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A history of God at work in the Solomon Islands

Flashback to 2012 – Commissioners Raymond and Aylene Finger present a new Salvation Army flag to the corps officers from the Solomon Islands, Captains Gandi and Muru Igoto.


The Salvation Army impacted the Solomon Islands many years before the movement’s official commencement in 2011.

On multiple occasions, from 1895 to 1998, people from the Islands requested the Army to work in the region. During this time, Solomon Islanders were enrolled as soldiers in Australia, and some returned home taking Salvationism with them.

Prior to the permanent presence, the Army offered tangible assistance in the Islands during times of emergency. The Red Shield Defence Services operated on the Islands throughout World War Two and again in 2003 with RAMSI (Regional Assistance Mission to Solomon Islands).

When the Honiara Corps met at the Rock Haven Motel every Sunday.

In 2000, when evacuees were pulled from the Islands, Cairns Corps (Qld) provided food and clothing. After a tsunami hit Gizo Island on 2 April 2007, financial support from Australia and New Zealand saw Captain Gaina Vali and Major Soddy Maraga from Papua New Guinea Territory (PNG Territory) reconstruct 15 residences.

In 2001, after increased requests for the Army to commence in the Solomon Islands, the PNG Territory investigated the possibility. However, the move was put on hold due to civil unrest in the Solomons.

A few years later, Peter Maeatua, a Solomon Island government official and businessman, met an Australian Salvationist in Singapore. Peter vigorously requested the Army to commence in his homeland. From this request, the PNG Territory conducted a feasibility study on the Islands in late 2005. A report from this visit was sent to the Army’s International Headquarters (IHQ), London, which “gave provisional approval in 2009”.

The Army sent Maraga to the Solomon Islands in 2009, which led to IHQ approving the work to commence in January 2011. IHQ listed the ‘official opening’ as ‘1 February 2011’, yet an ‘official opening weekend’ did not occur until 5 and 6 November 2011.

On this weekend, Commissioner James Condon and Commissioner Raymond Finger represented the then two Australian Territories and promised both territories would financially contribute to the Army’s work in the Islands for five years.

Commissioner James Condon (right) with Major Soddy Maraga.

Commissioner Andrew Kalai, from the PNG Territory, also attended as this new work came under the jurisdiction of his territory. Major Soddy Maraga became the first ‘Officer in Charge’ of the Islands, and Peter Maeatua, along with 20 other Solomon Islanders, became the founding senior soldiers in the Islands.

For a time, this work, which mainly focused on Honiara, was conducted by Candidates Tony and Rose Kinikoroa. The Honiara Corps activities included Sunday meetings, Home League, Bible studies, youth group gatherings and prayer evenings.

When Tony and Rose entered officer training in 2015, Majors Malcolm and Laurel Herring took leadership of Honiara Corps. At this time, a ‘Salvation Army’ village on Malaita was linked to Honiara Corps. In 2016, people from North Malaita, Te Motu, and other Islands requested the Army to come to their location.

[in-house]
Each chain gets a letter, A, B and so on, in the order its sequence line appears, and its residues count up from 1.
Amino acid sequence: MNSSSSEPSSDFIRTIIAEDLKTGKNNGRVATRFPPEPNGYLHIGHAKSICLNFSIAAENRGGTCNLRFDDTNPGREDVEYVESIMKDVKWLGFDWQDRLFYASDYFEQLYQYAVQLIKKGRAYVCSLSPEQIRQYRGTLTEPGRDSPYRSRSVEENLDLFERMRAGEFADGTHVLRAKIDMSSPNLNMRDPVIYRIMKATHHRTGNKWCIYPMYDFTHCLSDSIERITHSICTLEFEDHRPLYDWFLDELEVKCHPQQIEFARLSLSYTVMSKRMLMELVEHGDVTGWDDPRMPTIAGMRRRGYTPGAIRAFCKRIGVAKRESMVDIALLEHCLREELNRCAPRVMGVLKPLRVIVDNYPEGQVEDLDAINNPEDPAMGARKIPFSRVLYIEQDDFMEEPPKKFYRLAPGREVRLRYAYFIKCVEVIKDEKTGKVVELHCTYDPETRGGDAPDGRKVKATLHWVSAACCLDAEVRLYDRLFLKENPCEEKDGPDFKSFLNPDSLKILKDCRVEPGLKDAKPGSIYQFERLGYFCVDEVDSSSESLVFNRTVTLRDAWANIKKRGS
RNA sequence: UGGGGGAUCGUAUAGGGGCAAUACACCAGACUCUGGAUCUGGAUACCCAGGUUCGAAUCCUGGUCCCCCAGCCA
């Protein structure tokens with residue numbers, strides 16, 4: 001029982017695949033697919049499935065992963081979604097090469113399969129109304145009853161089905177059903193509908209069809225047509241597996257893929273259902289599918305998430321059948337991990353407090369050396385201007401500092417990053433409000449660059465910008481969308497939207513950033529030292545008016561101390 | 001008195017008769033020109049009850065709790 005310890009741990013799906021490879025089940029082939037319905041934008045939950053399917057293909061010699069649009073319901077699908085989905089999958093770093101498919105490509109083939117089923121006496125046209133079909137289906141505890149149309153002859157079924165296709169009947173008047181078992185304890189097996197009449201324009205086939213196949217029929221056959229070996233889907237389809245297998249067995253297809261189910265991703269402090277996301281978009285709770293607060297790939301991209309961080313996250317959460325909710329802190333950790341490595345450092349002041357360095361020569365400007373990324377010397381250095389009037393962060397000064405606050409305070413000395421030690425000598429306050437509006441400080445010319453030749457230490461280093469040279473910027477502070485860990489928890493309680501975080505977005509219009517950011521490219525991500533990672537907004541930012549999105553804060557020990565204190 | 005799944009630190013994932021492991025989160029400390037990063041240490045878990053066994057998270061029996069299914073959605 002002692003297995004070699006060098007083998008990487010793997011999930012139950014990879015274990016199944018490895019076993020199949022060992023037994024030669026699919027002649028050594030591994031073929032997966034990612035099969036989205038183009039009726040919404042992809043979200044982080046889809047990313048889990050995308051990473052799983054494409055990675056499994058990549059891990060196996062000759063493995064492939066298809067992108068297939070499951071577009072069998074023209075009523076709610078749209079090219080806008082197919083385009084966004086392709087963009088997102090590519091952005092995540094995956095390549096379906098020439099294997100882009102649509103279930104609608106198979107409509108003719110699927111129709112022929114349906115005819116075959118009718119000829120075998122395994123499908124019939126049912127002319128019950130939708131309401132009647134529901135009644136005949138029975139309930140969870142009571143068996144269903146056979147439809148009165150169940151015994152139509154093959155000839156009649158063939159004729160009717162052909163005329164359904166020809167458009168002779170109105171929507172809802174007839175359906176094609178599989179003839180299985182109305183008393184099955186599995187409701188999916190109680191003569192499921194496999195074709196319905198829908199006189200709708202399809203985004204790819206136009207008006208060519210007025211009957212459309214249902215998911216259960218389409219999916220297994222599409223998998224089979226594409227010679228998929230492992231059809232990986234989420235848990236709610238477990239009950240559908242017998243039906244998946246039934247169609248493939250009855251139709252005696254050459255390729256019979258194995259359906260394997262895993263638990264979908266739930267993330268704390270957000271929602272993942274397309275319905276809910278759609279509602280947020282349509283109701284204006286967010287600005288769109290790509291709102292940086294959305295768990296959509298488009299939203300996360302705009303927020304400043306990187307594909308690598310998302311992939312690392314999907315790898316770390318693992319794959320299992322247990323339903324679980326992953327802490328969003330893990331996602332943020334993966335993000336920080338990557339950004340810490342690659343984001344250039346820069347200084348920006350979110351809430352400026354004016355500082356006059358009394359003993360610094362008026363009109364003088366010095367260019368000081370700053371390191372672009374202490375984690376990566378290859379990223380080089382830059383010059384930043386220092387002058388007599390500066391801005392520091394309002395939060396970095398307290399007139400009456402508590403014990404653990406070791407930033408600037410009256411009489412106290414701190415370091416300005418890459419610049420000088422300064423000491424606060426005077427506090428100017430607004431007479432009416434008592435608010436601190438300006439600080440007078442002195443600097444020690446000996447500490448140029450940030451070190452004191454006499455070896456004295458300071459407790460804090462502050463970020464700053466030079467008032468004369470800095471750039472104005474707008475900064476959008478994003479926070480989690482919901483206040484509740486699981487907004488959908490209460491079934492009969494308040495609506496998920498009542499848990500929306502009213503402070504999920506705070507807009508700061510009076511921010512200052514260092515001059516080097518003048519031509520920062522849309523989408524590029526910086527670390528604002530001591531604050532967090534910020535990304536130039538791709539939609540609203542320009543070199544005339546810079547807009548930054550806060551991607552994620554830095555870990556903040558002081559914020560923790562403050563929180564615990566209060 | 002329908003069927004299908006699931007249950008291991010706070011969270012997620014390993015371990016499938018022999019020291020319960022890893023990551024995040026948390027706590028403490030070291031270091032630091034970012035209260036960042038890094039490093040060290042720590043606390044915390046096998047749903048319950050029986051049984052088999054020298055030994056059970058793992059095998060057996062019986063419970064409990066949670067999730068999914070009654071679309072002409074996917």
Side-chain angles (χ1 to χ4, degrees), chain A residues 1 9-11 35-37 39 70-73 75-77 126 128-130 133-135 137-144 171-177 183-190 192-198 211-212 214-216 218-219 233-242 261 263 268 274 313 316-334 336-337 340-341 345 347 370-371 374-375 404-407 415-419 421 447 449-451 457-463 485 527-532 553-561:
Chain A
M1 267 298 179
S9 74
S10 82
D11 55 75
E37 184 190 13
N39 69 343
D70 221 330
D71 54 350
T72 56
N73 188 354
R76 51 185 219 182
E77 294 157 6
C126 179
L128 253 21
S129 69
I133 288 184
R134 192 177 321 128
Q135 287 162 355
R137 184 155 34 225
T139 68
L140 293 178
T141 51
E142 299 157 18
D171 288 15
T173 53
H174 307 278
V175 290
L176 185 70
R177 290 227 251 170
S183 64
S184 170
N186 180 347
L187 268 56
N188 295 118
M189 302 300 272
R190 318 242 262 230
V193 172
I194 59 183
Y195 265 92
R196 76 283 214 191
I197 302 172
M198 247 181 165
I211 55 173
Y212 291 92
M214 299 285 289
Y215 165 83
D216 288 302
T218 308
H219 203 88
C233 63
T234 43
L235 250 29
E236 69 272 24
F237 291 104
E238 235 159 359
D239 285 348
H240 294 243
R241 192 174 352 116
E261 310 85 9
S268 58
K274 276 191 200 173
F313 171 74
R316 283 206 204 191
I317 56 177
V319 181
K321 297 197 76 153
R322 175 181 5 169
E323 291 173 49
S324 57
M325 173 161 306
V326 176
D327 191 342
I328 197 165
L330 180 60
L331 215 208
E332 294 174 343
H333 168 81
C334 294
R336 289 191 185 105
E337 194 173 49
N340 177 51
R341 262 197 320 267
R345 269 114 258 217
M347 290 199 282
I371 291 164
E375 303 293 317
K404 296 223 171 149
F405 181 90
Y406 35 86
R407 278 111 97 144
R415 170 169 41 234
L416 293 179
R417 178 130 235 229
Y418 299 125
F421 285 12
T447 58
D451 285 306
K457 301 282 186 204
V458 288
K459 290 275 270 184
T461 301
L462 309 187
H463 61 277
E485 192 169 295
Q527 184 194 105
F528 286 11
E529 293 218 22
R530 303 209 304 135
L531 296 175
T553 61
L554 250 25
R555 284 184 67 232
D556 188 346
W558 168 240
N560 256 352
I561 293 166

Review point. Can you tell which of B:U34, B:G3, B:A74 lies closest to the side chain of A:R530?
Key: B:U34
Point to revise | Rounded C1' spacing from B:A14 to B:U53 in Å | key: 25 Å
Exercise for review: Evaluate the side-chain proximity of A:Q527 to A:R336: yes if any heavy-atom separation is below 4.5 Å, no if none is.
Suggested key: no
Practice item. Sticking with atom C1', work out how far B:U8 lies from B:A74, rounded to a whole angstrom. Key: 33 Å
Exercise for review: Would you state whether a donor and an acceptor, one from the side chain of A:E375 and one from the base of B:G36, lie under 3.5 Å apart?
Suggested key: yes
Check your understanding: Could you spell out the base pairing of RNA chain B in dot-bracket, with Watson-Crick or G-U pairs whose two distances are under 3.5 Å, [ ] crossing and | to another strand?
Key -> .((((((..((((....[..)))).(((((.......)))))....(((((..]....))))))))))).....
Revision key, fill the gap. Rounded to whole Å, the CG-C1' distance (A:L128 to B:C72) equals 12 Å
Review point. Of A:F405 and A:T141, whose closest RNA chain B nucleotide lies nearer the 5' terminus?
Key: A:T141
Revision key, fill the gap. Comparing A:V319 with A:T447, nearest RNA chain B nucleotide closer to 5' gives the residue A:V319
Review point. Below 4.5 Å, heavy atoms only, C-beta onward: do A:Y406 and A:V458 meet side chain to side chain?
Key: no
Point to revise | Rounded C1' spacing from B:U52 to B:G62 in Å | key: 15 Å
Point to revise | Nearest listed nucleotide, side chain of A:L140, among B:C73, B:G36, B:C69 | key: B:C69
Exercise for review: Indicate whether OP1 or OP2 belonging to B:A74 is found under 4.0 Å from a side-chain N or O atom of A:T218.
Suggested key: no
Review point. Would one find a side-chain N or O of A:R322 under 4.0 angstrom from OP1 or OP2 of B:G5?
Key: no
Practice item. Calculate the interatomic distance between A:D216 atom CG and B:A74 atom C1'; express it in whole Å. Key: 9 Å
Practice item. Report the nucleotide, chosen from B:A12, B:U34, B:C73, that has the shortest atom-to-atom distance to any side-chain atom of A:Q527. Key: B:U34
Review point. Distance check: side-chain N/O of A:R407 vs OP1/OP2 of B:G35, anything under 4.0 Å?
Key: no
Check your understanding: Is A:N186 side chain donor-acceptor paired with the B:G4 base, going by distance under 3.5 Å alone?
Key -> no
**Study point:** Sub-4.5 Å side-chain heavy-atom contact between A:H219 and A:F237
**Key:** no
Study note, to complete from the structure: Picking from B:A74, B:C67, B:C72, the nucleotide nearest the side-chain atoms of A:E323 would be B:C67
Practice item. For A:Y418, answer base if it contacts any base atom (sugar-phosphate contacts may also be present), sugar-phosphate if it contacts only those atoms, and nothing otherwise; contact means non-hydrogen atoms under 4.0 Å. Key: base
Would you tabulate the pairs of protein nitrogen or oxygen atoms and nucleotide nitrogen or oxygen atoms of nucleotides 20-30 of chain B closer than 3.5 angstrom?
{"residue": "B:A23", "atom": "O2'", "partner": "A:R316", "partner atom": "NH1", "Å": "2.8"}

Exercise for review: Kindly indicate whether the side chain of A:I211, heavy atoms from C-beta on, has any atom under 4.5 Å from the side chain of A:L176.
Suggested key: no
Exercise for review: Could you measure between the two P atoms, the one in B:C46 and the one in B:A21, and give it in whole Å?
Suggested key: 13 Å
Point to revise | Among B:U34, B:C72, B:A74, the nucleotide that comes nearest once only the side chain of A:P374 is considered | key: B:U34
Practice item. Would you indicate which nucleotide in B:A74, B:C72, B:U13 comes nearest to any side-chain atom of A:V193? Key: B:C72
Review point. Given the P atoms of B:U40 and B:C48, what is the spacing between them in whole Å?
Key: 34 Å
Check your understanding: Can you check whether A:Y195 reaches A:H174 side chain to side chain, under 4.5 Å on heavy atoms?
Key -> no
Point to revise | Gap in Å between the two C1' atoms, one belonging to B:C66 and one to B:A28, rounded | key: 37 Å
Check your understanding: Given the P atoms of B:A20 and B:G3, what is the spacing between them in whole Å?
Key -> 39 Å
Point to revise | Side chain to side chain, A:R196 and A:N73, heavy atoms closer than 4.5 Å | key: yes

In December 2017, Majors Robert and Vanessa Evans were appointed to lead the work in the Islands. From this time, additional locations throughout the country received an official Salvation Army presence. This growth was recognised in 2018 when the PNG Territory name was changed to Papua New Guinea and Solomon Islands Territory.

District officers and congregation leaders with Majors Robert and Vanessa Evans in 2019.

The Army’s goal in the Solomon Islands quickly became ‘self-governing, self-supporting and self-propagating’. Self-governing saw an increase in soldiership and leadership training and the establishment of links with the local and expat communities. Self-supporting saw funding sources established, which included the sale of ‘Salvation Army Lavalava’ and low-cost fuel, and the establishment of coconut oil plants and an aluminium foundry. These were in addition to the usual Red Shield and Self-Denial Appeals.

For self-propagating, Bible study weekends, school ministries, brass band training and mission trips throughout the islands are but some ways this goal was being met. Under Major Robert Evans, a new structure for the growth of spiritual work was established. Like the traditional Army corps and outpost, the Solomons developed corps, fellowships and missions.

Missions were created when a village invited the Army to commence or a corps initiated ministry in a new location. In 2021, a decade after the official launch of the Army, there were two corps, two fellowships, and 27 missions, as well as other new openings.

The growth in the number of locations saw a need for the housing of officers. In 2021, Major Robert Evans drafted a design for officers’ quarters, much along the lines of Commissioner James Hay when he designed simple halls in the 1910s. ‘Hay Halls’ helped the Army in Australia grow rapidly. It is hoped the ‘Evans Quarters’ will have a similar impact in the Solomon Islands. Go to

for more information on this project.

By the conclusion of 2022, the number of Salvationists on the Islands had increased to 300! The latest development, in 2023, reflected the integration of the Army on the Islands. The Solomon Islands Ministry Newsletter became Tok Stori, this use of a Pijin term further speaks of God’s good work in the region.

*Garth R. Hentzschel is a Salvationist from Brisbane (Queensland) and is a freelance historian and writer.

Photo: Shairon Paterson


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